12. Dominguez, S., & Lubitow, A. (2008). Transnational ties, poverty, and identity: Latin American immigrant women in public housing. Family Relations, 57, 419–430.CrossRefGoogle Scholar
  13. Drewnowski, A., & Specter, S. E. (2004). Poverty and obesity: The role of energy density and energy costs. American Journal of Clinical Nutrition, 79, 6–16.Google Scholar
  14. Dunifon, R., & Kowaleski-Jones, L. (2003). The influences of participation in the national school lunch program and food insecurity on child well-being. Social Service Review, 77, 72–92.CrossRefGoogle Scholar
  15. Evans, G. W., Lercher, P., & Kofler, W. W. (2002). Crowding and children’s mental health: The role of house type. Journal of Environmental Psychology, 22, 221–231.CrossRefGoogle Scholar
  16. Glaser, B., & Strauss, A. (1967). The discovery of grounded theory: Strategies for qualitative research. Chicago: Aldine Publishing Company.Google Scholar
  17. Greder, K., Cook, C., Garaskey, S., Sano, Y., & Randall, B. (2008). Rural Latino immigrant families: Hunger, housing, and economic well-being. In R. L. Dalla, J. DeFrain, J. Johnson, & D. A. Abbott (Eds.), Strengths and challenges of new immigrant families: Implications for research, policy, education and service. Lanham, MD: Lexington Books.Google Scholar
  18. Hernandez, D. C., & Ziol-Guest, K. M. (2009). Income volatility and family structure patterns: Association with stability and change in food stamp program participation. Journal of Family and Economic Issues, 35, 357–371.CrossRefGoogle Scholar
  19. Housing Assistance Council(HAC). (1997). Rural housing and welfare reform: Housing Assistance Council 1997 report on the state of the nation’s rural housing. Washington, DC: HAC.Google Scholar
  20. Kaiser, L. H., Melgar-Quiñoz, C., Lamp, M., Johns, J. S., & Harwood, J. (2002). Food security and nutritional outcomes of preschool-age Latino-American children. Journal of the American Dietetic Association, 102, 924–929.CrossRefGoogle Scholar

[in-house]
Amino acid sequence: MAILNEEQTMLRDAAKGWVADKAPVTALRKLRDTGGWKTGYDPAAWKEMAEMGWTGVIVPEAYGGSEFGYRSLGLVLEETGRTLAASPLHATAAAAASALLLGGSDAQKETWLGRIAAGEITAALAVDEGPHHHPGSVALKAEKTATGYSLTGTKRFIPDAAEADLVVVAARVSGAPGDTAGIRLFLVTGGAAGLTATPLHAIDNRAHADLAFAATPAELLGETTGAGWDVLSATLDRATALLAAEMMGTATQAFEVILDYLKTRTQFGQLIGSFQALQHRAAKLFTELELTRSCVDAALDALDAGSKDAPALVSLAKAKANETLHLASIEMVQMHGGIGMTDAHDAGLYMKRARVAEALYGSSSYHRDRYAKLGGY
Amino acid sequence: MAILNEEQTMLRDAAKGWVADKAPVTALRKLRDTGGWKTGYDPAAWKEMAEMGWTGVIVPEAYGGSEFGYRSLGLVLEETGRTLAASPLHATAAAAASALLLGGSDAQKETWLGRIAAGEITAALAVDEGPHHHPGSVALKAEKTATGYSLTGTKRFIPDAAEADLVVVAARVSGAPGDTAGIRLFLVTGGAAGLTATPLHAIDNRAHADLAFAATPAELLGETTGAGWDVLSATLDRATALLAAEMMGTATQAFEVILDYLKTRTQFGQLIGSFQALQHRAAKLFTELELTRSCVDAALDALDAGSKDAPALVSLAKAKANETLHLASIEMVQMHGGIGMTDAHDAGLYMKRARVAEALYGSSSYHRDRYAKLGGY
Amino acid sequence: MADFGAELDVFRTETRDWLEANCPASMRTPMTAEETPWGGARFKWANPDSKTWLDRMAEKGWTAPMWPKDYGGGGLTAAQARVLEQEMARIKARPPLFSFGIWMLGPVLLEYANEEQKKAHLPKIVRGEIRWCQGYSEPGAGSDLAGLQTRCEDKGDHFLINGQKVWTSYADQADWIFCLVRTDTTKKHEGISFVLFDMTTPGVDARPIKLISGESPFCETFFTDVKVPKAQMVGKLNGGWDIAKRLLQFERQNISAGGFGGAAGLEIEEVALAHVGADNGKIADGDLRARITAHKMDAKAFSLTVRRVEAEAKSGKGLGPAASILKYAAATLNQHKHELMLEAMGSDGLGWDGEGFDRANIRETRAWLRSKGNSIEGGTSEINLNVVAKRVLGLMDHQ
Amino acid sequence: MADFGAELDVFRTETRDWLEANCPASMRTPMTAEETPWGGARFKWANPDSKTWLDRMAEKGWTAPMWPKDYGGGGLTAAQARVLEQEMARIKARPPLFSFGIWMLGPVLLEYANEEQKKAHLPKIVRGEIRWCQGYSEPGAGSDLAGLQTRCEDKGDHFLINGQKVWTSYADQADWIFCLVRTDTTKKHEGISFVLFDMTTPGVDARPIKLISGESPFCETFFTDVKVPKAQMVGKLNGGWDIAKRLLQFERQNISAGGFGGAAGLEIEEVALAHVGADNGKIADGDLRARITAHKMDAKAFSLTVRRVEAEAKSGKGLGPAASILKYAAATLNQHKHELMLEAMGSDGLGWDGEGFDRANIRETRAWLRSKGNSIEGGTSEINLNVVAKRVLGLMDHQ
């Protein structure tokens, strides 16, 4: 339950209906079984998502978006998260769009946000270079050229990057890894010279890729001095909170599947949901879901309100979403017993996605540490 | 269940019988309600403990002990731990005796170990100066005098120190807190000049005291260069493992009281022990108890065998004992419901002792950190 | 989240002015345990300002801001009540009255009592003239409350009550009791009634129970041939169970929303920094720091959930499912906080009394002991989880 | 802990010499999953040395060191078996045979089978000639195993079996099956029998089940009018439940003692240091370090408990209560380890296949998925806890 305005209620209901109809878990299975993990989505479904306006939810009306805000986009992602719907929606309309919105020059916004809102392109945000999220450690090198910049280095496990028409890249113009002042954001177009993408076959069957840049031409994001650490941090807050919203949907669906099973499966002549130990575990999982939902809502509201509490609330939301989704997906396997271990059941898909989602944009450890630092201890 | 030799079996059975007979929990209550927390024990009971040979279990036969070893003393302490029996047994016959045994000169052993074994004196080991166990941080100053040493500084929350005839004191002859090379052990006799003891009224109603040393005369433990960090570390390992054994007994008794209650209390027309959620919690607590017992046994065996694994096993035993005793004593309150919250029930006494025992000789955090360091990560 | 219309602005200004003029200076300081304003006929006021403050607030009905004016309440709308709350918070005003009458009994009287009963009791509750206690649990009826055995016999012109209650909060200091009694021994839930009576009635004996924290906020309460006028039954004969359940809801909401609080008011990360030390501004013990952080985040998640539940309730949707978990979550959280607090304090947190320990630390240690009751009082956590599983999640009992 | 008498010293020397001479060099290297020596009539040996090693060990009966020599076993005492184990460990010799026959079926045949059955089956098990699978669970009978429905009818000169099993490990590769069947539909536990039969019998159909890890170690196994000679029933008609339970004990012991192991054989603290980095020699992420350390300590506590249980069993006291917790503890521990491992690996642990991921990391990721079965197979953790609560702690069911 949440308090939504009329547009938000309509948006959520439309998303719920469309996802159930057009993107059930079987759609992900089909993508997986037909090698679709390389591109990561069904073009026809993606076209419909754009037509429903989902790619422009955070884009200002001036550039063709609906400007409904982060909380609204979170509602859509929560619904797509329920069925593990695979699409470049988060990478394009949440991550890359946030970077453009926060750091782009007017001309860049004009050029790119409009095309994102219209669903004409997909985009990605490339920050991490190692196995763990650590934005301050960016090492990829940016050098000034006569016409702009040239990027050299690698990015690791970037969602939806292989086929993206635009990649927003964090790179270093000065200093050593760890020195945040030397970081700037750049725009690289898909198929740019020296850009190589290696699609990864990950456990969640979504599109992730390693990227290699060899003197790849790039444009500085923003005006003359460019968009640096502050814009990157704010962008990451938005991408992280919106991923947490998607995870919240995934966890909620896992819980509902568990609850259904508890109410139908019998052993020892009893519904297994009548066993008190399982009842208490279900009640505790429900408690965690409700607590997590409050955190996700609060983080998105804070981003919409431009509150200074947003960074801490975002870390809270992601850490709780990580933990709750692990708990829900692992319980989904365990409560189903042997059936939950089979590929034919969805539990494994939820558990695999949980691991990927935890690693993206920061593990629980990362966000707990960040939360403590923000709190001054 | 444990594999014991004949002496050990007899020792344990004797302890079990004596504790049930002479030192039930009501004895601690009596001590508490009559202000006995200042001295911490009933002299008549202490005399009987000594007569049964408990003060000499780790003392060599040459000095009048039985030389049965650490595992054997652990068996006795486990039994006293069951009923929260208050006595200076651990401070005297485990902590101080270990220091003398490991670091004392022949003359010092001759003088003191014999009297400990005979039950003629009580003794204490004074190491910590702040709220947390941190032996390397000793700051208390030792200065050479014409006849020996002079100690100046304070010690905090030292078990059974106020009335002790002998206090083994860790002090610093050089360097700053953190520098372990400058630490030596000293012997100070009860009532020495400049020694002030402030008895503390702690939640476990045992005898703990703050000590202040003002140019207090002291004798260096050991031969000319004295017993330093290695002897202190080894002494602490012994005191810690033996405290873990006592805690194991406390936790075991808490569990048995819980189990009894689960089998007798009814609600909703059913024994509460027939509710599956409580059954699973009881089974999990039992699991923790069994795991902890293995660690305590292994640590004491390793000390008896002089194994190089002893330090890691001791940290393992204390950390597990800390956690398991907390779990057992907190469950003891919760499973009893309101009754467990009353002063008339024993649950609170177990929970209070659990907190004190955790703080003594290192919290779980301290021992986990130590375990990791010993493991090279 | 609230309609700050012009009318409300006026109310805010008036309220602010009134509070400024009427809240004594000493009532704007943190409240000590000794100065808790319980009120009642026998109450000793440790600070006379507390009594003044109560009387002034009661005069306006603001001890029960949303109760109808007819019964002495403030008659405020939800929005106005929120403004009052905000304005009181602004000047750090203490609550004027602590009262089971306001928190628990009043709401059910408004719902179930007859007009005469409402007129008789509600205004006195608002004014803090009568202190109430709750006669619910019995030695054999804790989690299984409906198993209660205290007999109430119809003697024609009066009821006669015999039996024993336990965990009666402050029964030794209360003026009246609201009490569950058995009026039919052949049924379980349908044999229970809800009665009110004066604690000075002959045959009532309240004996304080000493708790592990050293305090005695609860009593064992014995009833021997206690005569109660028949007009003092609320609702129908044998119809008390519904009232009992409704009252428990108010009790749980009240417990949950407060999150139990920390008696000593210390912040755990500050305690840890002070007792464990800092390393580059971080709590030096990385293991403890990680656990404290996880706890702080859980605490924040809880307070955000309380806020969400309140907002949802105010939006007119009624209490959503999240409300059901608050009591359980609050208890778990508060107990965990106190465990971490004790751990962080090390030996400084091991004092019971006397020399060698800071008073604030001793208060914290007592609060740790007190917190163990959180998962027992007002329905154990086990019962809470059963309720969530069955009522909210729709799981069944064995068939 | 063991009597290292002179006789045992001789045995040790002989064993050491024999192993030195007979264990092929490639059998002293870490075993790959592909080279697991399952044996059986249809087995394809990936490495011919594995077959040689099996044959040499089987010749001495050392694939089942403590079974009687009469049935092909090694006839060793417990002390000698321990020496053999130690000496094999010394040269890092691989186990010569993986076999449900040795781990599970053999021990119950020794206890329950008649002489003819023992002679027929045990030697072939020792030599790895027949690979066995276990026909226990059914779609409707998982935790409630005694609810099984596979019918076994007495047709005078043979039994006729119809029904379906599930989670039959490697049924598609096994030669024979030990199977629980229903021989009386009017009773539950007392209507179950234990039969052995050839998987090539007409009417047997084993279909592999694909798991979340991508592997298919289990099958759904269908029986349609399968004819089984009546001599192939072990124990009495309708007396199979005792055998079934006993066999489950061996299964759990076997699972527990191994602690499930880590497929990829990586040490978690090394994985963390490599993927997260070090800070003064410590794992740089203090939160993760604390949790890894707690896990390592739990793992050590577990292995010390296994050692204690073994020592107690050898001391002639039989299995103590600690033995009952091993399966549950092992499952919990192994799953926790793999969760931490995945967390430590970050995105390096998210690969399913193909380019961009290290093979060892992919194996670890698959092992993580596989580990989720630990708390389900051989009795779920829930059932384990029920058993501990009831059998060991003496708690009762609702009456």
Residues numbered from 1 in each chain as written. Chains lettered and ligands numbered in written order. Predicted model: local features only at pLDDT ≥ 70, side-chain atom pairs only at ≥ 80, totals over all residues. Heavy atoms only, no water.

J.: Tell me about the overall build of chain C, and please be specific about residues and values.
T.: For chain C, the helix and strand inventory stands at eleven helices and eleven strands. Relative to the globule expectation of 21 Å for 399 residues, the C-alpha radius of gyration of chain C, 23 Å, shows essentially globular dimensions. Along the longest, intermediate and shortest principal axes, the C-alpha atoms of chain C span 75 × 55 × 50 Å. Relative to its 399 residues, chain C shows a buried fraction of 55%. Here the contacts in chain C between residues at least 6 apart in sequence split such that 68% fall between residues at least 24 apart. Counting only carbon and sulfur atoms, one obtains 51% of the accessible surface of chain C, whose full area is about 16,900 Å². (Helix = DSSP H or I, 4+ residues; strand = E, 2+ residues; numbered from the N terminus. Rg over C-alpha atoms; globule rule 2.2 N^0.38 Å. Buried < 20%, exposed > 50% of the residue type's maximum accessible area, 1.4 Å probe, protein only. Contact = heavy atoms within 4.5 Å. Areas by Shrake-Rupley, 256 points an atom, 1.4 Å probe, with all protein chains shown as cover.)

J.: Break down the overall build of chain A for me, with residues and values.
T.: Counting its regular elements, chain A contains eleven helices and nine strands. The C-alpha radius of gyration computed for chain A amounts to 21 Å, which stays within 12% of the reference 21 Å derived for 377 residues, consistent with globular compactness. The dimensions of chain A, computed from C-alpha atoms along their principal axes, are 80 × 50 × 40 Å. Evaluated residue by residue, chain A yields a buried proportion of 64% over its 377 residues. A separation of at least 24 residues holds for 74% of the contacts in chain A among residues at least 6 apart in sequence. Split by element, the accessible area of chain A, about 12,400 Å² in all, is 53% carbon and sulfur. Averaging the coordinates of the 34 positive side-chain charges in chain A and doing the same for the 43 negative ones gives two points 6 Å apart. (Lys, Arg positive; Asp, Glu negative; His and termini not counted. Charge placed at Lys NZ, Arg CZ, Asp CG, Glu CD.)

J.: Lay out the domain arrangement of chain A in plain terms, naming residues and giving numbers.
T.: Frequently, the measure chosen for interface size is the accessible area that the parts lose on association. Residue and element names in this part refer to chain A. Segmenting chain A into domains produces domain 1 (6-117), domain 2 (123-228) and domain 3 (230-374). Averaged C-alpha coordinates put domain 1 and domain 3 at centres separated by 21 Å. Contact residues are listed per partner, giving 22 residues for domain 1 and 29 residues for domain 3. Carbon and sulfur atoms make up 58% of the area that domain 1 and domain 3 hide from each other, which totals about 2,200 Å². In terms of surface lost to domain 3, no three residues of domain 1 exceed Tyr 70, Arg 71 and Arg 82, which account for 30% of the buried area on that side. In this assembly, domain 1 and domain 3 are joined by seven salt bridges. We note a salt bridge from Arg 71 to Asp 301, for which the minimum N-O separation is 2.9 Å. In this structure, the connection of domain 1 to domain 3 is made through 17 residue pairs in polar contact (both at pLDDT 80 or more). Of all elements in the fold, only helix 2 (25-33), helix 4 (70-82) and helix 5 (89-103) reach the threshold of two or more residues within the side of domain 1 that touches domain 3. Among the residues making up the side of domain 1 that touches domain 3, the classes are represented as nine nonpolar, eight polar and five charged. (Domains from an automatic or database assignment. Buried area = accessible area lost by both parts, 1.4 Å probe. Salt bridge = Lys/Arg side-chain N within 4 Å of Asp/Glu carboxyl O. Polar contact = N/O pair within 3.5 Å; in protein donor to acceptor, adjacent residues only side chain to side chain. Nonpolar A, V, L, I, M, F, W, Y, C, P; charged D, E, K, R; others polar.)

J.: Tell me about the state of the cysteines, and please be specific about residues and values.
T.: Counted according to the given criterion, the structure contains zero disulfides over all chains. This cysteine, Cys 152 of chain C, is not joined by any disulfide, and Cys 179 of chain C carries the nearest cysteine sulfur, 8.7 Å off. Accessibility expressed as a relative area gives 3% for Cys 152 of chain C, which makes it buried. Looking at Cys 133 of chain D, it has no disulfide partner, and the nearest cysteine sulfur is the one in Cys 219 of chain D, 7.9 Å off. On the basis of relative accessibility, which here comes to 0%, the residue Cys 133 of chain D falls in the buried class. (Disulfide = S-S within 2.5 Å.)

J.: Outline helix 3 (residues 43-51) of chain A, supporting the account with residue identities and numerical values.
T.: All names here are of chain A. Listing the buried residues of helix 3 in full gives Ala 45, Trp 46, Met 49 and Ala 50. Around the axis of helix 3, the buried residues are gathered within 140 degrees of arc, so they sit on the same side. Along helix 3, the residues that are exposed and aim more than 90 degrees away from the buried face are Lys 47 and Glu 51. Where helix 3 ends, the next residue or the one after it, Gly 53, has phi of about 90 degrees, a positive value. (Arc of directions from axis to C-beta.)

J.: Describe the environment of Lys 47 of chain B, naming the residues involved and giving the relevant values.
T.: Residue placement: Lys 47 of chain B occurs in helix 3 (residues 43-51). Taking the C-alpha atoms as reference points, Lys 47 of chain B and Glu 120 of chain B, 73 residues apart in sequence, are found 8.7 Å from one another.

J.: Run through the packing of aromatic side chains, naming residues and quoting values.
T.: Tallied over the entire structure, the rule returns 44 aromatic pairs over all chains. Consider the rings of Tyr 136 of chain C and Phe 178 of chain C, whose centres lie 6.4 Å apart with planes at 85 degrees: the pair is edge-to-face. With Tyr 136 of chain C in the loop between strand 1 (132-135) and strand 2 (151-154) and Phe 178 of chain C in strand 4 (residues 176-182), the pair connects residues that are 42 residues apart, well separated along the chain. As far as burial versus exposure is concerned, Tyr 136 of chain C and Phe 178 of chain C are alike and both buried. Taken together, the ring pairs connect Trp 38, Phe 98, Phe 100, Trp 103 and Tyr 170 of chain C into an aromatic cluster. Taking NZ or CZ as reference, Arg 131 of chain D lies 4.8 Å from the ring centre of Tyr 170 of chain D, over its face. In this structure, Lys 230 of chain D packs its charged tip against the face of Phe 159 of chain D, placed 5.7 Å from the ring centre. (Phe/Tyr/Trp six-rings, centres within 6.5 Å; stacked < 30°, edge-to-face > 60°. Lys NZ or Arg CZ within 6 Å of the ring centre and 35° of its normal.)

21. Kandel, W., & Newman, C. (2004). Rural Hispanics: Employment and residential trends. Amber Waves, 2(3), 38–45.Google Scholar
  22. Lincoln, Y., & Guba, E. (1985). Naturalistic inquiry. New York: Sage.Google Scholar
  23. Long, S. K. (2003). Choosing among food, housing, and health insurance. No. B54 in Series, New Federalism: National Survey of America’s Families. Retrieved August 22, 2005, from
  24. March, E. L., Cook, C. T., & Ettinger de Cuba, S. (2009). Food insecurity rates rise steeply with recession. Children’s Healthwatch Policy Action Brief. Retrieved July 6, 2009, from
  25. Martin, K., Rogers, B., Cook, J., & Joseph, H. (2004). Social capital is associated with decreased risk of hunger. Social Science and Medicine, 58, 2645–2654.CrossRefGoogle Scholar
  26. Mazur, R., Marquis, G., & Jensen, H. H. (2003). Diet and food insufficiency among Hispanic youths: Acculturation and socioeconomic factors in the Third National Health and Nutrition Examination Survey. American Journal of Clinical Nutrition, 78, 1120–1127.Google Scholar
  27. McIntyre, L., Glanville, N. T., Raine, K. D., Dayle, J., Anderson, B., & Battaglia, N. (2003). Do low-income lone mothers compromise their nutrition to feed their children? Canadian Medical Association Journal, 168(6), 686–691.Google Scholar
  28. Menjivar, C. (2000). Fragmented ties: Salvadoran immigrant networks in America. Berkeley: University of California Press.Google Scholar
  29. Miles, M., & Huberman, A. (1994). Qualitative data analysis (2nd ed.). Thousand Oaks, CA: Sage.Google Scholar